The fascinating stories of the first Chinese migrants to Britain who arrived here more than 300 years ago have been revealed in a new book.
Today, more than 400,000 Chinese people live in Britain, but up until the beginning of the 19th century only a handful of their countrymen had made the long, arduous journey over from the Far East.
The first visitors were greeted with wonderment, enjoying audiences with monarchs of the day.
But subsequent generations faced out-right hostility from locals who thought they were ‘debaucherous’ and corrupting British women.
In the early 19th century Chinese seaman who were employed in the tea trade on East India Company ships began temporarily lodging in London. Pictured is the crew of the warship Zhiyuan built by Armstrong Whitworth & Co in 1895
Between the years 1950 and 1960, a group of Chinese speakers were commissioned to create Miss Wang’s Diary, a straightforward fictional account of a young female student in Britain, Wang Kwei Ying. The first episode saw Wang visit a student fair and be enlisted into the university student dramatic society
Mr Wellington Koo (right and pictured with his wife) was the Chinese ambassador in the 1920s. Mrs Koo participated in a number of organisations, including as chairman of the Chinese Women’s Association in Britain
Pictured left are Ching Wing, Wong Ock and an unidentified person at the Salvation Army Exhibition in London. The group carried out missionary work in the country, especially Ock who helped lead a major campaign to expose trafficking of young girls for prostitution. Pictured right is Xu Zhimo and Lu Xiaoman. The former was a Chinese poet who studied at King’s College, Cambridge in the 1920s
Charles Kao doing an early experiment on optical fibre at the Standard Telecommunications Laboratory at Harlow. He had fled the civil war in China to move to Britain in the 1950s and became a pioneer in fibre optics, paving the way for the internet
The first Chinese launderette opened in 1877 and the first officially recorded Chinese restaurant was set up in Piccadilly Circus in 1908. At the turn of the 20th century most Chinese settlers congregated in the east London district of Limehouse, the original Chinatown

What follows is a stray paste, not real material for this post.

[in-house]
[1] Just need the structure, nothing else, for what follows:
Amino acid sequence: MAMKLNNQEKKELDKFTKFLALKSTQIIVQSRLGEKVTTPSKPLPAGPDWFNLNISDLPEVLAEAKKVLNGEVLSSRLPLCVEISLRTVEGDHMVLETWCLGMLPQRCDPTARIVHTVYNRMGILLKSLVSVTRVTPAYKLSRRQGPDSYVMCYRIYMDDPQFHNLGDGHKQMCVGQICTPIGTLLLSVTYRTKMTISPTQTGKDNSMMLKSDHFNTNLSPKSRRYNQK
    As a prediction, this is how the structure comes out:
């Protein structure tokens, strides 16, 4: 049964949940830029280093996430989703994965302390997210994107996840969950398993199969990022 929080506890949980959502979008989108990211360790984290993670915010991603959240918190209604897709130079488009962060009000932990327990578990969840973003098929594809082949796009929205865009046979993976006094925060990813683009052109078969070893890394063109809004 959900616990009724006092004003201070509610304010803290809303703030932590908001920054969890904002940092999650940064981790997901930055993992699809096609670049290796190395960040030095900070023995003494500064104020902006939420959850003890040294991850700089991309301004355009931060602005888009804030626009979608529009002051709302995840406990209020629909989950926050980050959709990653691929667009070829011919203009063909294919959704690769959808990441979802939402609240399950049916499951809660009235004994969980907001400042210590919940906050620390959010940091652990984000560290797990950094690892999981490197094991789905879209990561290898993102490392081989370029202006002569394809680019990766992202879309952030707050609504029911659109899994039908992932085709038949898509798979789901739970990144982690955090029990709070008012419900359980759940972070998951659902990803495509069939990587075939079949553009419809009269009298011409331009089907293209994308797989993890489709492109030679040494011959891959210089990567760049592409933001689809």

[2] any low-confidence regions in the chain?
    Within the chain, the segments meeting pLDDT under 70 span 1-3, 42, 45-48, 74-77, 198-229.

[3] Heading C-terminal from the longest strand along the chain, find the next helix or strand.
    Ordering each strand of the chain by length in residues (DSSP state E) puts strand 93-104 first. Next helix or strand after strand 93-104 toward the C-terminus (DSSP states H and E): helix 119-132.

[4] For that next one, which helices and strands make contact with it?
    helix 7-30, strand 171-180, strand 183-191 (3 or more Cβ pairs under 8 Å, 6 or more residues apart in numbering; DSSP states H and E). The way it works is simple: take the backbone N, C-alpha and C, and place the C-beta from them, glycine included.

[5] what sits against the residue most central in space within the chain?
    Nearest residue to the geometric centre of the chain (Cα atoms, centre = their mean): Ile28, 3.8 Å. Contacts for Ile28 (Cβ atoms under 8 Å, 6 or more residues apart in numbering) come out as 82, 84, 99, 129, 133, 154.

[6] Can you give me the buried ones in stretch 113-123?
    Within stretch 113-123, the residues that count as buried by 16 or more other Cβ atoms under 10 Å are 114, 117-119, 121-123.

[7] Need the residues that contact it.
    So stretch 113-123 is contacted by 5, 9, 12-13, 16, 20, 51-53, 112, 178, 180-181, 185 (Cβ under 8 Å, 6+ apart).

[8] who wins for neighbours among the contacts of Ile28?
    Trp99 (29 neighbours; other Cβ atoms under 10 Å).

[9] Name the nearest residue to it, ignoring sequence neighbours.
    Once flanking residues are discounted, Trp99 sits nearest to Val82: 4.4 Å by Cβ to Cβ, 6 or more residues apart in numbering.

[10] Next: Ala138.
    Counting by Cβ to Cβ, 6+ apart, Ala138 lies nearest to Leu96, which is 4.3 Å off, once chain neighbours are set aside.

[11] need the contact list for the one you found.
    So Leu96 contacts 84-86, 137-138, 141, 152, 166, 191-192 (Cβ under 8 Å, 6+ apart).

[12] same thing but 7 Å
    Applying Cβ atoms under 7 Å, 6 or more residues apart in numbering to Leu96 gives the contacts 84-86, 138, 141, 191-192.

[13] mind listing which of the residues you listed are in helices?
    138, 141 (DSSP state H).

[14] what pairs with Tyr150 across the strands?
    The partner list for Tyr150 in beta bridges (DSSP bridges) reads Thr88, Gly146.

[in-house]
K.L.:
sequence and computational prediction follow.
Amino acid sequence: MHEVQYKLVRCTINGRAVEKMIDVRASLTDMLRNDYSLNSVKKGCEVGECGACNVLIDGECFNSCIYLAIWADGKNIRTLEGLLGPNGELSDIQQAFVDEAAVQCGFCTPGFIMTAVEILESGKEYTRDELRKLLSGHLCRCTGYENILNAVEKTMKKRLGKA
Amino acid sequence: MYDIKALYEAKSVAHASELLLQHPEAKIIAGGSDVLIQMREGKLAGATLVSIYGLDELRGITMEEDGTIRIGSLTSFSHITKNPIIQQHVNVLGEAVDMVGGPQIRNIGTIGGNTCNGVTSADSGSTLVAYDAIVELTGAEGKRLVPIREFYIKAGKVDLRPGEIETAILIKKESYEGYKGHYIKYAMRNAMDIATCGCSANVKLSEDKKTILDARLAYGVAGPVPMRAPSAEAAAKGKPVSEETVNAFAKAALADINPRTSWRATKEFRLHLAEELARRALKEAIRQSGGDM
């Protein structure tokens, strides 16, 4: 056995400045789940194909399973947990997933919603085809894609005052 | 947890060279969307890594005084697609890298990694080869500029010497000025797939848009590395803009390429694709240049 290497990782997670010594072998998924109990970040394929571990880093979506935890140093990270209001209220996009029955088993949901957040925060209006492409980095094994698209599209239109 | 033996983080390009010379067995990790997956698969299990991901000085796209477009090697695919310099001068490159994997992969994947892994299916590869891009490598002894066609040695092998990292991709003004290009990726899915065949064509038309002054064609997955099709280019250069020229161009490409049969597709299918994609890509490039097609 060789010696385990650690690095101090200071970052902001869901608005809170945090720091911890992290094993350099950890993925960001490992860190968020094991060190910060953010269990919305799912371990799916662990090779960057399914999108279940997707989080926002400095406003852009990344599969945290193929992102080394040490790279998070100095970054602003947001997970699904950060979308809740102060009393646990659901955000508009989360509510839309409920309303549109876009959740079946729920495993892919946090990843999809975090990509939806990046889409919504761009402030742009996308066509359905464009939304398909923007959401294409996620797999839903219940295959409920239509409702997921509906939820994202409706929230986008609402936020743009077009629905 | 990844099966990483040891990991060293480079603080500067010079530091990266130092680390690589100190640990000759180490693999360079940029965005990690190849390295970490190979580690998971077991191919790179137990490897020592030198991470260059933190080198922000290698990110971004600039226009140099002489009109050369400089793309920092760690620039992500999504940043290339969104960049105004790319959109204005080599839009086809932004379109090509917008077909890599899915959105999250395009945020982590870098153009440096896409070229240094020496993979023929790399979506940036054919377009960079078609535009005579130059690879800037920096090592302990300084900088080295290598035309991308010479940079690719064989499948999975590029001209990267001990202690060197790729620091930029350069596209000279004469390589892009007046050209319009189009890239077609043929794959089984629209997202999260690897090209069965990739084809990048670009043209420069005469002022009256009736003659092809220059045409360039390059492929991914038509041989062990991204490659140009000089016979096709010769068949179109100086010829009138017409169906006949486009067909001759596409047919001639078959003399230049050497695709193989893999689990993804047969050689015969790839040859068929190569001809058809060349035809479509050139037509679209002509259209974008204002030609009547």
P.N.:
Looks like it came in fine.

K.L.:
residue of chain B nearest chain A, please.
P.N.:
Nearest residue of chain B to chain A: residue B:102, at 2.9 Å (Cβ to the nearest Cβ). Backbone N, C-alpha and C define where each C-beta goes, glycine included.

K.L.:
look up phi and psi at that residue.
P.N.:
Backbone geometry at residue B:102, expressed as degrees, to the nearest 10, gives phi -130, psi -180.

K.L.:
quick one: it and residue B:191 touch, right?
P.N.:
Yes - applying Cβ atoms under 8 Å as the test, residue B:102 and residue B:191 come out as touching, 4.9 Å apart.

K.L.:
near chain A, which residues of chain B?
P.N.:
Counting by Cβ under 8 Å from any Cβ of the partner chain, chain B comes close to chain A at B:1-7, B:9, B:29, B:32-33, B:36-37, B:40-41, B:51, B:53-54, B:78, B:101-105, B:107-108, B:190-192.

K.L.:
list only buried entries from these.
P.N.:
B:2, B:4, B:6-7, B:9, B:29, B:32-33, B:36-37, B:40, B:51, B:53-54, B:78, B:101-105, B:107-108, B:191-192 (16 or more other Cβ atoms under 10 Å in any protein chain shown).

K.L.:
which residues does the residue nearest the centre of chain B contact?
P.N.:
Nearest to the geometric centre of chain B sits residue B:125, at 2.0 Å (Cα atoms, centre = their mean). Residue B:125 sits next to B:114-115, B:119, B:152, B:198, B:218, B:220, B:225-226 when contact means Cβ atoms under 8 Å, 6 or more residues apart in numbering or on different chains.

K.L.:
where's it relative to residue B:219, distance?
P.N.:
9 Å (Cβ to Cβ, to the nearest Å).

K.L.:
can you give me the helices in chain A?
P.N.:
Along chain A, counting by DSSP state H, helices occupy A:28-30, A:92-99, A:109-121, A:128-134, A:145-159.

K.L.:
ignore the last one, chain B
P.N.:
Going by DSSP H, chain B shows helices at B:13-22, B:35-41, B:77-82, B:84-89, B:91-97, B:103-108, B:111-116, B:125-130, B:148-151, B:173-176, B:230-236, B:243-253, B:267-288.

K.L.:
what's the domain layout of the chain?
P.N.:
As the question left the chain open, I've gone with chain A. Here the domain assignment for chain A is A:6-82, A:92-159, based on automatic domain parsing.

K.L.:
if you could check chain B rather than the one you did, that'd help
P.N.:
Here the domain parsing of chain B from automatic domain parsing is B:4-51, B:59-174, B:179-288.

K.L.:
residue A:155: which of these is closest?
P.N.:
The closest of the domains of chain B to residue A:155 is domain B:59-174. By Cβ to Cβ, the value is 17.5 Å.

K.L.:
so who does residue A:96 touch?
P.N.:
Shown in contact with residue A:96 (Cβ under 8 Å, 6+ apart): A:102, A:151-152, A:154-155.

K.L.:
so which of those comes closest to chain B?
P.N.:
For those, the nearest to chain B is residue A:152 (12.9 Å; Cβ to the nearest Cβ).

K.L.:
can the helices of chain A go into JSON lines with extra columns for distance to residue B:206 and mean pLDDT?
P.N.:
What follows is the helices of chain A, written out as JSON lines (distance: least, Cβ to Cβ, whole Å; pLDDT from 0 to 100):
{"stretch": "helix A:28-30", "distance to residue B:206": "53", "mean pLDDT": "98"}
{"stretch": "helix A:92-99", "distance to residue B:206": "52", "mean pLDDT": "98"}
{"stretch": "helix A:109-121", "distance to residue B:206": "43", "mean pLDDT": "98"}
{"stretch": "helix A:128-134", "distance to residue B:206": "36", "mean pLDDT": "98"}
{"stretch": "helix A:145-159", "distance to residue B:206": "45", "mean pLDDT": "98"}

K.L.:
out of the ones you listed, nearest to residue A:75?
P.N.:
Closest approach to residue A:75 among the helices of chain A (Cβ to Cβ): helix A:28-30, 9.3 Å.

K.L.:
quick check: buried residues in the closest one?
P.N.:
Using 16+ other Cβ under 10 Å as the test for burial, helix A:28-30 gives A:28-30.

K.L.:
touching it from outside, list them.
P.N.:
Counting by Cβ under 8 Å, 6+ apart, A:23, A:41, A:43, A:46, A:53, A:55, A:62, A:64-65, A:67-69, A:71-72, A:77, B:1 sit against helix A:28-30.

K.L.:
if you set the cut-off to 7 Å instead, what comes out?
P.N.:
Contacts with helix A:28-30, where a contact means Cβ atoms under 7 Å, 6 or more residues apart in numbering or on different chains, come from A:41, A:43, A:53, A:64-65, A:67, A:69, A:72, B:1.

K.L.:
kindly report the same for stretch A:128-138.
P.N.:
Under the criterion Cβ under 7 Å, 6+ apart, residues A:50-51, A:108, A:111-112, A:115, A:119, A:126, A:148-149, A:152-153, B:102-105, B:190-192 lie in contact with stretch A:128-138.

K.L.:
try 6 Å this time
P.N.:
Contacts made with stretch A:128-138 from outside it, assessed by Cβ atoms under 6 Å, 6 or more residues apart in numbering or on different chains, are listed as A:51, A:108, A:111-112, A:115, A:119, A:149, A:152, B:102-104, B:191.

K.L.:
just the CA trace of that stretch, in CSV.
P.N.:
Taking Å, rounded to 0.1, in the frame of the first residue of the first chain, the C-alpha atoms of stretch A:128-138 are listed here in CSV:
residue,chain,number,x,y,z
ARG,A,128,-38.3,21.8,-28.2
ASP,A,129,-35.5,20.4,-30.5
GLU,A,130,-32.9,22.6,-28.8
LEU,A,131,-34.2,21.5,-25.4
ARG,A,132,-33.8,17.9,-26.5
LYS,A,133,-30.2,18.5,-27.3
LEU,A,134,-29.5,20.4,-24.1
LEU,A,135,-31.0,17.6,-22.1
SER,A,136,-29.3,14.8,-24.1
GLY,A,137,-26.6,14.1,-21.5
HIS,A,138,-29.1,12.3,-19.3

The trials and tribulations of the Chinese community in Britain are documented by historian Barclay Price in a new book, The Chinese in Britain.
The first Chinese person to set foot in Britain was Michael Alphonsius Shen FuTsung in 1687, who travelled to Europe with the Belgian Jesuit Father Philippe Couplet.
His arrival created immense interest and Shen was given an audience by James ll.
The king was so captivated by Shen’s appearance he commissioned Sir Godfrey Kneller to paint his portrait, which he had hung in the room adjacent to his bedchamber.
Shen, who also helped to translate Chinese works at Oxford University’s Bodleian Library, returned home in 1691 after completing his Jesuit priest training.
The early 18th century saw a boom in the importation of Chinese porcelain, silk and lacquer to Britain.
By the 1730s, most country houses had a Chinese room and numerous mock Confucian temples and Chinese bridges adorned estate gardens.
However, it was not until 1756 that the second recorded Chinese visitor came to Britain, Chinese merchant Loum Kiqua.
His arrival once again sparked nationwide interest and he was granted an audience with George II.
The lack of Chinese visitors to Britain at this time was not surprising as travelling abroad required the permission of the Emperor.
A number of Chinese persons were recruited by the East India Company to work on ships involved in the tea trade. Pictured here are the crew of the Moyen in 1895
Chinese entertainers also graced these shores (right), with one act – Chang the Chinese Giant (left) – proving a marquee attraction. Billed as over 8ft tall, he moved to London in 1865 and took to the stage there before doing tours of Europe, the United States and Australia
Pictured here is James Legge (left) and three students who met Queen Victoria. Mr Legge was a Scottish missionary who went to China in the mid 19th century and invited Chinese students back to Scotland to help him translate classic Chinese books
Ye Jinglu’s first portrait in London in 1901 and last in China in 1968. He arrived in London aged 15 and stayed until 1901, when he returned to China to become the manager of his family’s teashop and pawnshop
One of the earliest Chinese settlers was William Macao who came over to the Scottish Highlands in 1775 to work as a servant on the Braelangwell estate in the Black Isle. A highly intelligent man, he climbed his way up to being a senior accountant at the Board of Excise during five decades of service. Pictured here is the gravestone of William and Helen Macao in St Cuthbert’s Churchyard, Edinburgh
And few of China’s educated classes had sufficient curiosity about Europe to undertake the perilous seven month journey when many ships were lost at sea.